Aluminum flags keep insects away -, South Georgia News, Weather, Sports

Aluminum flags keep insects away

April 7, 2004

Colquitt County - Insects can be a farmers worst enemy. All the pesticides in the world may not keep them away, so some south Georgians are trying a different approach.

It's a scenery that's guaranteed to spark your curiosity. Vegetable farmer, Kent Hamilton smiles, "A lot of people stop and ask questions."

A field of flags waving you by and if you get close enough you hear aluminum crackling in the wind. What are these sparkling silver attention getters? We stopped off at Southern Valley in Colquitt County to find out.

Hamilton grows anything from bell peppers to hot peppers. Little bugs called Thrips love both, but thrips don't like silver.

The insects spread the Tomato Spotted Wilt Virus from crop to crop, but the reflective strips confuse the millions of tiny insects. Hamilton says, "It messes up the way they navigate. Either they can't find the field or it irritates them so the throbs don't want to come into the field."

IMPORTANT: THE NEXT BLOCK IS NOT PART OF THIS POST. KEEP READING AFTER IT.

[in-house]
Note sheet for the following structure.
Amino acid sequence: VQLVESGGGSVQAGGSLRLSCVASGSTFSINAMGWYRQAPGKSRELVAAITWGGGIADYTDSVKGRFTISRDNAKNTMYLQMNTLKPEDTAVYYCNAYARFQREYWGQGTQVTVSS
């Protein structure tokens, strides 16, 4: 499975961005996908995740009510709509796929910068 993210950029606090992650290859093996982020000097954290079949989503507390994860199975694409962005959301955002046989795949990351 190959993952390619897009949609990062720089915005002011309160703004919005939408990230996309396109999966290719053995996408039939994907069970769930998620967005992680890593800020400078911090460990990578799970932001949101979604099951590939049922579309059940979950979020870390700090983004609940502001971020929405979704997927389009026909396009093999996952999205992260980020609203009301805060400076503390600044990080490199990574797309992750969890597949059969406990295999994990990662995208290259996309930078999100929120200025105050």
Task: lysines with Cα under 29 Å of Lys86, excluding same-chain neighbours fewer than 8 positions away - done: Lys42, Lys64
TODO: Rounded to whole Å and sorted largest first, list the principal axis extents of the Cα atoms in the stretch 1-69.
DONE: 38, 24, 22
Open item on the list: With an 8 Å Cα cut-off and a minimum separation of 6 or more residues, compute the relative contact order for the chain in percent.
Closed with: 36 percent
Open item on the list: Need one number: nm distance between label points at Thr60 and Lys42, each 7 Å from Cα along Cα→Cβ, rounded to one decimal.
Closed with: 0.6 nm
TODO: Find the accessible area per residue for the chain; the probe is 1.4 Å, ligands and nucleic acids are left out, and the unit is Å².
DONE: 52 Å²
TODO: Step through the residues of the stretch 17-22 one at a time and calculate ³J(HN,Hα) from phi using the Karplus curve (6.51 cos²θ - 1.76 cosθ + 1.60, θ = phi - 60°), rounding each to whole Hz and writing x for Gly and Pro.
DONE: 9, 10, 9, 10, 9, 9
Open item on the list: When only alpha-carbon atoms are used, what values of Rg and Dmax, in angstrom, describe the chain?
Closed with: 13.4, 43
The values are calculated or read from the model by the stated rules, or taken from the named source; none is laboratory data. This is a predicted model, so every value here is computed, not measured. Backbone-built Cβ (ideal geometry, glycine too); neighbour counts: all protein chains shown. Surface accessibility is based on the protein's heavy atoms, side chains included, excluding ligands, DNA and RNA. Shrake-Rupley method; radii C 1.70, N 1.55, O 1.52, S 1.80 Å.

It's a cheap way to save acres of crops from being ruined by bugs. All it takes is a stake, an aluminum strip and a rubber band. Hamilton adds, "Around $100 an acre." That's nothing when you think of the acres of crops he has lost in the past to the virus.

Hamilton goes to great lengths to defeat the enemies. He also paints silver lines on the plastic beds. It's more expensive, but it works too. It keeps pesky bugs away and curious south Georgians stopping by.

Hamilton says last year was his first year putting out the aluminum flags. It was not a good study because of all the rain. Wet weather keeps the insects from coming around.

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